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It is a classic result of Kan that the homotopy categories (with appropriate model structures) of simplicial sets and of topological spaces (in fact, one could only care about CW-complexes) are equivalent. One could ask if there is a similar result for G-equivariant homotopy category of spaces, where G is a topological group (usually a Lie group) and a morphism of G-spaces is a map, strictly commuting with G-action: $$f(gx) = g\cdot f(x)$$ Since the G-equivariant category admits a very nice theory of cell decompositions and in fact is equivalent to a homotopy category of space presheaves on the category of G-orbits (Elmendorf's theorem), one could guess that such a result should be true. However, I would like to see it not on the level of $\mathrm{SSet}$-presheaves on orbits, but rather directly in the standard definitions. I see 2 problems. Firstly, while cellular and simplicial descriptions of spaces are very similar, they are not equivalent in any sense I could see (besides giving the same homotopy category). The second problem is that if we pass from topological spaces to simplicial sets, we should also change a topological group into a simplicial group. While there is an obvious way to go back and forth (singular complex $\mathrm{Sing}: \mathrm{Top} \to \mathrm{SSet}$ and geometric realization $|\cdot|: \mathrm{SSet} \to \mathrm{Top}$), it is very unobvious that this gives the correct correspondence, since $X \to |\mathrm{Sing}X|$ is just a weak homotopy equivalence, and the equivariant category doesn't respect homotopy equivalences in general, both for spaces and groups. A contractible space can have different non-equivalent G-structures (e.g. free and trivial), and homotopy equivalent (as spaces) groups can give different equivariant categories.

So the question is, can we generalize Kan's theorem to the equivariant setting? If we do, then how does this correspondence look like and how far is it from the intuition? For example, are there finite-dimensional simplicial groups G, such that their G-homotopy categories are not equivalent to equivariant categories of Lie groups? Can we associate with a space $X$ some simplicial group $G_X$, such that the $G_X$-equivariant category is the same as fibrations over $X$?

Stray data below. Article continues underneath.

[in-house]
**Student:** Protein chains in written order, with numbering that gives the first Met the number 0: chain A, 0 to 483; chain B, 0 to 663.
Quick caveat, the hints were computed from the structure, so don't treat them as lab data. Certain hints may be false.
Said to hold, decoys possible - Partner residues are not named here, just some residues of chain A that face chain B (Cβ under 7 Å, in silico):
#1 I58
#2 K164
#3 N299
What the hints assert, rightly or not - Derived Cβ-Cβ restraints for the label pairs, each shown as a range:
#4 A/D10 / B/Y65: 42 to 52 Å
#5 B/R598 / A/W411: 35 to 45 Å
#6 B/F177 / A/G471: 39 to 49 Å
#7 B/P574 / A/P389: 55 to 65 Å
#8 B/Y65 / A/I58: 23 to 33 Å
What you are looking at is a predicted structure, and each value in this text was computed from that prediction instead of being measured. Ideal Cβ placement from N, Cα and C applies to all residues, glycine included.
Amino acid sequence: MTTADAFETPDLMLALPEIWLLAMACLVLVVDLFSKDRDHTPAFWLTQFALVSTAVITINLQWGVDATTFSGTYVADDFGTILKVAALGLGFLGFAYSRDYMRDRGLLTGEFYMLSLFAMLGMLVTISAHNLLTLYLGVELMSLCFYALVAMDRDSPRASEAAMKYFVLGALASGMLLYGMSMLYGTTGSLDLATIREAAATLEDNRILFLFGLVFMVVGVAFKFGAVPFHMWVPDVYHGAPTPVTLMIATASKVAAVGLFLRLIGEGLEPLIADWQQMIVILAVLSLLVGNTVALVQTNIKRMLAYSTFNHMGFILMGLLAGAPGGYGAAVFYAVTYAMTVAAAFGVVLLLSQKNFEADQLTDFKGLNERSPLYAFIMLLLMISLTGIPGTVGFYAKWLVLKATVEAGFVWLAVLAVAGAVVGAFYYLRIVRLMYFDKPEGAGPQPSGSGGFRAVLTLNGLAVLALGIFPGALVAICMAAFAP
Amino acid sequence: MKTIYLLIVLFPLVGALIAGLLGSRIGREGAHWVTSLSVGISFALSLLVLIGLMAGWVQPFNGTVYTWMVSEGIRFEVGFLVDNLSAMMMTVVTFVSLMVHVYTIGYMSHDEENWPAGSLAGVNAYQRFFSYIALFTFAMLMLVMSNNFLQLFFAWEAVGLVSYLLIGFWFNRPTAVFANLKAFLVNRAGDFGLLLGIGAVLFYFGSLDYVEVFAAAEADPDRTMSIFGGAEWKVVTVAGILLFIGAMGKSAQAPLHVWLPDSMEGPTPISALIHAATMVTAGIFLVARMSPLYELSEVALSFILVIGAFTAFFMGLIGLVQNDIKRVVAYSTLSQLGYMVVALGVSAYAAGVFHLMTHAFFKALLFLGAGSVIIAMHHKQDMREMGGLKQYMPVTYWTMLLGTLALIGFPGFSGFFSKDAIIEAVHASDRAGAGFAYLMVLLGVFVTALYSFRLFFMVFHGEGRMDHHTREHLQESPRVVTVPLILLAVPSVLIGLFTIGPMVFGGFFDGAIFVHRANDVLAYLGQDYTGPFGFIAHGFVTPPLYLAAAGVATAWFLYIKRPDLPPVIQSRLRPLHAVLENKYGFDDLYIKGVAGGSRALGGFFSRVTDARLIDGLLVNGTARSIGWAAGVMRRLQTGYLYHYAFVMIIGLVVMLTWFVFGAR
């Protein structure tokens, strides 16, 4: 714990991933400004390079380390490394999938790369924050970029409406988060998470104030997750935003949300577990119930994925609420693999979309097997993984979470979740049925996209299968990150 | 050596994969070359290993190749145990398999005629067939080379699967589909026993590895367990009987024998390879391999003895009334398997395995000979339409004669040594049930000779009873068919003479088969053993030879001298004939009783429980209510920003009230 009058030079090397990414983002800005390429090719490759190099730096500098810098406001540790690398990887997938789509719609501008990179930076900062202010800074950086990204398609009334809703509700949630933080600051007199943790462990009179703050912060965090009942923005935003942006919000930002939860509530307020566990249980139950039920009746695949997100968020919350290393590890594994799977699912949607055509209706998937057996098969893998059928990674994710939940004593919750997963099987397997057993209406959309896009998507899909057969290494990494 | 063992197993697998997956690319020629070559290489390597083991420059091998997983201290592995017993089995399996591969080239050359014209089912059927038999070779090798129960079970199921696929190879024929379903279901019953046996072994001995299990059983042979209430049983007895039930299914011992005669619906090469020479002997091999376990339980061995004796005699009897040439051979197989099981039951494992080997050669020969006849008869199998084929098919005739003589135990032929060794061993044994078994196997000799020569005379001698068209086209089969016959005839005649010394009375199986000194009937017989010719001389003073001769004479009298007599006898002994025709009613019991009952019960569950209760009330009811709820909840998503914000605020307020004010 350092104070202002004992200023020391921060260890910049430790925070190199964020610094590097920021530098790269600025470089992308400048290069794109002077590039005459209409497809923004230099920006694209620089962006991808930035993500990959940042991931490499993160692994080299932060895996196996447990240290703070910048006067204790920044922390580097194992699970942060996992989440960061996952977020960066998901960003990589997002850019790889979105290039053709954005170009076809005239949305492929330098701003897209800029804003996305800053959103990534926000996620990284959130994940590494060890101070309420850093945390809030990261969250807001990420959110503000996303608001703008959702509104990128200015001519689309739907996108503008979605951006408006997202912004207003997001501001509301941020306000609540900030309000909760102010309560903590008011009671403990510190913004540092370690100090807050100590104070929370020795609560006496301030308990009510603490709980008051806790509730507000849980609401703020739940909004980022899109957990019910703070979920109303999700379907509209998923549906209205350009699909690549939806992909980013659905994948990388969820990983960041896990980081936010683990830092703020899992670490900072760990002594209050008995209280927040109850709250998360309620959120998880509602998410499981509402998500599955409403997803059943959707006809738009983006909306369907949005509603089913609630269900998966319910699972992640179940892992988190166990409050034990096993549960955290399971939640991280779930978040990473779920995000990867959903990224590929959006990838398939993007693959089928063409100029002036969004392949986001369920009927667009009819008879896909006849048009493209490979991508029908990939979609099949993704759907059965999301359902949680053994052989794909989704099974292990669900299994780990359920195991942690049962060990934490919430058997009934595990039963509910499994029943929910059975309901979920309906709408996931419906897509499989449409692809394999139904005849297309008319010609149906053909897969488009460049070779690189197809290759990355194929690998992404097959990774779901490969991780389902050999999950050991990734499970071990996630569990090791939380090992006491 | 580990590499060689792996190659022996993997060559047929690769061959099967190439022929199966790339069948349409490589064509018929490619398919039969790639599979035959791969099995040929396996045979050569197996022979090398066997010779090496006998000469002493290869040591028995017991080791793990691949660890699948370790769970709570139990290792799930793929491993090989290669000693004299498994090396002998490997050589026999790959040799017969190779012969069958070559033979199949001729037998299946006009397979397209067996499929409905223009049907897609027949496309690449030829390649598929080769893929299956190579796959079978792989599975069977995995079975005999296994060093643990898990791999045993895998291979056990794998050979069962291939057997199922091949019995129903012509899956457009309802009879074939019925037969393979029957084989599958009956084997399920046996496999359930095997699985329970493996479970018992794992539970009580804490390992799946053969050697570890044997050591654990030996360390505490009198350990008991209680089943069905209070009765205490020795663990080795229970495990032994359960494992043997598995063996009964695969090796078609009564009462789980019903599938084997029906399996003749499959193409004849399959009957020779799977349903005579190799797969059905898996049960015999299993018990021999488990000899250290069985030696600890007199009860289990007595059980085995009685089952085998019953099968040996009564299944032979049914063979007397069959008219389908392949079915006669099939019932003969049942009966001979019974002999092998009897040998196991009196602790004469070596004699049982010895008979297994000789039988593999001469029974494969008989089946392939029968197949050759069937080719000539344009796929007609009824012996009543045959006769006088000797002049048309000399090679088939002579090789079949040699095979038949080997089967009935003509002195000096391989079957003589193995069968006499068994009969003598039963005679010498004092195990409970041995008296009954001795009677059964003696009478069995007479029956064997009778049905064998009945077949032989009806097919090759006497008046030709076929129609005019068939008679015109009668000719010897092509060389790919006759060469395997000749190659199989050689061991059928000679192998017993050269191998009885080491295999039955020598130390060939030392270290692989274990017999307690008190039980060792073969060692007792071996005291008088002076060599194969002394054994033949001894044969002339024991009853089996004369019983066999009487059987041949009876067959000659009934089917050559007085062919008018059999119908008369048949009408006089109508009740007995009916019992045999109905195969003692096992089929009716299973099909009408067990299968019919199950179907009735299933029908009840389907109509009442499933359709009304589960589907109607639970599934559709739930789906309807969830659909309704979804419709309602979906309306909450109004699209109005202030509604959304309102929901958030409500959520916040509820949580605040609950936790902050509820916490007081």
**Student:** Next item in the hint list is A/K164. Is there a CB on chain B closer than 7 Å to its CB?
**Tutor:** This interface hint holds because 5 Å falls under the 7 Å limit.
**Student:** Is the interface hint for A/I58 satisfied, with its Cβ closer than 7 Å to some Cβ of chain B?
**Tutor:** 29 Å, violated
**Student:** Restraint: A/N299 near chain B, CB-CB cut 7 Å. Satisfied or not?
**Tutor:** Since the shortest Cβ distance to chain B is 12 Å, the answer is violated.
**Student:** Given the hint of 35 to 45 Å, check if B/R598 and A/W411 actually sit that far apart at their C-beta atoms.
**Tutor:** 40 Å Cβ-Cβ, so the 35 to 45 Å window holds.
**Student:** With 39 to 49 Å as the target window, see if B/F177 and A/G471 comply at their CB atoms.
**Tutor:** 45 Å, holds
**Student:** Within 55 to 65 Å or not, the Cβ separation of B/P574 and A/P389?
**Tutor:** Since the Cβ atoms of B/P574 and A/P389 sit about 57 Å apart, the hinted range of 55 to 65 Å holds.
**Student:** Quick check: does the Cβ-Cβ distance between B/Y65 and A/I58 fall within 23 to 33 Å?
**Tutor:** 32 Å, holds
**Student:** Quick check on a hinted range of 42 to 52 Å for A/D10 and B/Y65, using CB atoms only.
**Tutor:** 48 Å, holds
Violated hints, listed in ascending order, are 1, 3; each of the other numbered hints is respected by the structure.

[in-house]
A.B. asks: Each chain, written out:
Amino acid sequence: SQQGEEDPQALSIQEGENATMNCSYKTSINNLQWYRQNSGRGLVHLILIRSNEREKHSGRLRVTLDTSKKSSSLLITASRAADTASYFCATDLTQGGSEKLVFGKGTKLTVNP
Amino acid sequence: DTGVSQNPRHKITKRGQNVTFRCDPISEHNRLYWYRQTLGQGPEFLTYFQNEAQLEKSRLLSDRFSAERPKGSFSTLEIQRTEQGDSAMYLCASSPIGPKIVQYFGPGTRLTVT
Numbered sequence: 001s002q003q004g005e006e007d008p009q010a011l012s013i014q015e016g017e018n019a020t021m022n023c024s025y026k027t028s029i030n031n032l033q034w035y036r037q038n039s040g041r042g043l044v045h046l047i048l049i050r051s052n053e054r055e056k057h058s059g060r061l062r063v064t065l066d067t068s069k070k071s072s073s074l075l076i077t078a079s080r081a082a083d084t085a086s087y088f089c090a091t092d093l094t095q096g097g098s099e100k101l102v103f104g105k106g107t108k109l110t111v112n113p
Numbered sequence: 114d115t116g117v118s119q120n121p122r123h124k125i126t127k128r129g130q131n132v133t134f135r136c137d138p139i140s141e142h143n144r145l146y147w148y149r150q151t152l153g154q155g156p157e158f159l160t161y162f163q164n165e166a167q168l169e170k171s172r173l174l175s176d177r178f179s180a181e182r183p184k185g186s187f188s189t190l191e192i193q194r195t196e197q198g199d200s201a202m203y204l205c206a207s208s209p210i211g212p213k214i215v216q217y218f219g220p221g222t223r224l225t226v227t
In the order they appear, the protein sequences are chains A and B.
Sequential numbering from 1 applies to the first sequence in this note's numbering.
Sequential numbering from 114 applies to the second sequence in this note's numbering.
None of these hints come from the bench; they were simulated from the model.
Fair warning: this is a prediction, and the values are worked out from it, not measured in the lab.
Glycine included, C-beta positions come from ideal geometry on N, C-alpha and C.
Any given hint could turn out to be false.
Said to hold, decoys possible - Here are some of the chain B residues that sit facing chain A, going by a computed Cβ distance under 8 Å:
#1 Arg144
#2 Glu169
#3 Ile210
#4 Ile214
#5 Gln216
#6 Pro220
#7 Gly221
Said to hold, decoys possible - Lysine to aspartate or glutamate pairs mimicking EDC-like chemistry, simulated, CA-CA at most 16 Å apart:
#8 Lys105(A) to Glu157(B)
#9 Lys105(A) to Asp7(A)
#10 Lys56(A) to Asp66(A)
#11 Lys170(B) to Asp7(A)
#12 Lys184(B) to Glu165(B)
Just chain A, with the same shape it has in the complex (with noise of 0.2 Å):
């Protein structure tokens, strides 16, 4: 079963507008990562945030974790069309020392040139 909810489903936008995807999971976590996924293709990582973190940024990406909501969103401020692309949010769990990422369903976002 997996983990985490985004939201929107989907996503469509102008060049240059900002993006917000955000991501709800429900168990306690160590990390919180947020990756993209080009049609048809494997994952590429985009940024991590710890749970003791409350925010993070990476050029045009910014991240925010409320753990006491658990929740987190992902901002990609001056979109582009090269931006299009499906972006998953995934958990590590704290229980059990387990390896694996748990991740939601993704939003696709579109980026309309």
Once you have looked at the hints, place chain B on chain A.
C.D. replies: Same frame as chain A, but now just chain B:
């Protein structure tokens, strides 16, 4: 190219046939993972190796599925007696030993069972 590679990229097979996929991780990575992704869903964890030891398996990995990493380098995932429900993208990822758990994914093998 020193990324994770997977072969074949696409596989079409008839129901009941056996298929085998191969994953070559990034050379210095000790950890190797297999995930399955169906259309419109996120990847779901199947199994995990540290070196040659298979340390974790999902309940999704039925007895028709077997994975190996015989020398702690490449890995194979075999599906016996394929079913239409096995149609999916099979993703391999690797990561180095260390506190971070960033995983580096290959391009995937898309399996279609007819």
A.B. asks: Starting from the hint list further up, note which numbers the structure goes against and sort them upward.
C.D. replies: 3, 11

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    $\begingroup$ Cyclic sets model $S^1$-equivariant homotopy theory. $\endgroup$ – Fernando Muro Jan 30 '14 at 20:37
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Perhaps you should look at the series of papers by Dwyer and Kan, starting with W. G. Dwyer and D. M. Kan, Singular functors and realization functors, Nederl. Akad. Wetensch. Indag. Math., 87, (1984), 147 – 153.

I do not think you will find all the answers that you require there, as your reluctance to see things in terms of simplicial presheaves is a hinderance from their point of view, but their discussion (and in later papers by others) may help. In fact I seem to remember that Dwyer and Kan's viewpoint (taken up by Dror later on) implies that there is a variant of the singular complex / geometric realisation adjointness that does the job. The standard simplicial models are more or less replaced by the $G/H\times \Delta^n$.

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    $\begingroup$ Can I ask why you do not want the presheaves on orbits idea? I can see that this may be awkward if $G$ is a simplicial group, but then the way forward may be to replace presheaves by $SSet/\overline{W}G$, and work with the Quillen m.c. structure on that. $\endgroup$ – Tim Porter Jan 31 '14 at 11:38
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    $\begingroup$ You say:it doesn't really explain what a G-space is, simplicially? It may do as then it is probably built up from various models such as that one by a colimiting process. $\endgroup$ – Tim Porter Jan 31 '14 at 11:41
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    $\begingroup$ Another way forward is to encode things as being homotopy coherent. Think of $G$ (a simplicial group) as a simplicially entriched groupoid with one object, and then a $G$-simplicial set is just a functor from $G$ to $SSet$ and go on from there. $\endgroup$ – Tim Porter Jan 31 '14 at 11:43
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    $\begingroup$ (I avoid $BG$ and prefer $G[1]$ for the corresponding groupoid.) I was meaning simplicially enriched functors (were you)? The actions that one gets are sensible in their interpretations. If you then go towards the questions you asked in the original post, then there may be a need to use the homotopy coherent nerve of $G[1]$ and to have homotopy actions to get something sensible. $\endgroup$ – Tim Porter Jan 31 '14 at 12:33
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    $\begingroup$ @AntonFetisov The identification of equal things is not really a problem (after all, what are equal things if not identical?); rather it is that equality is too coarse in homotopy type theory for that purpose: a group inside HoTT will be more like some kind of $A_\infty$-group, actions will only be up to coherent homotopy, etc. $\endgroup$ – Zhen Lin Jan 31 '14 at 14:57

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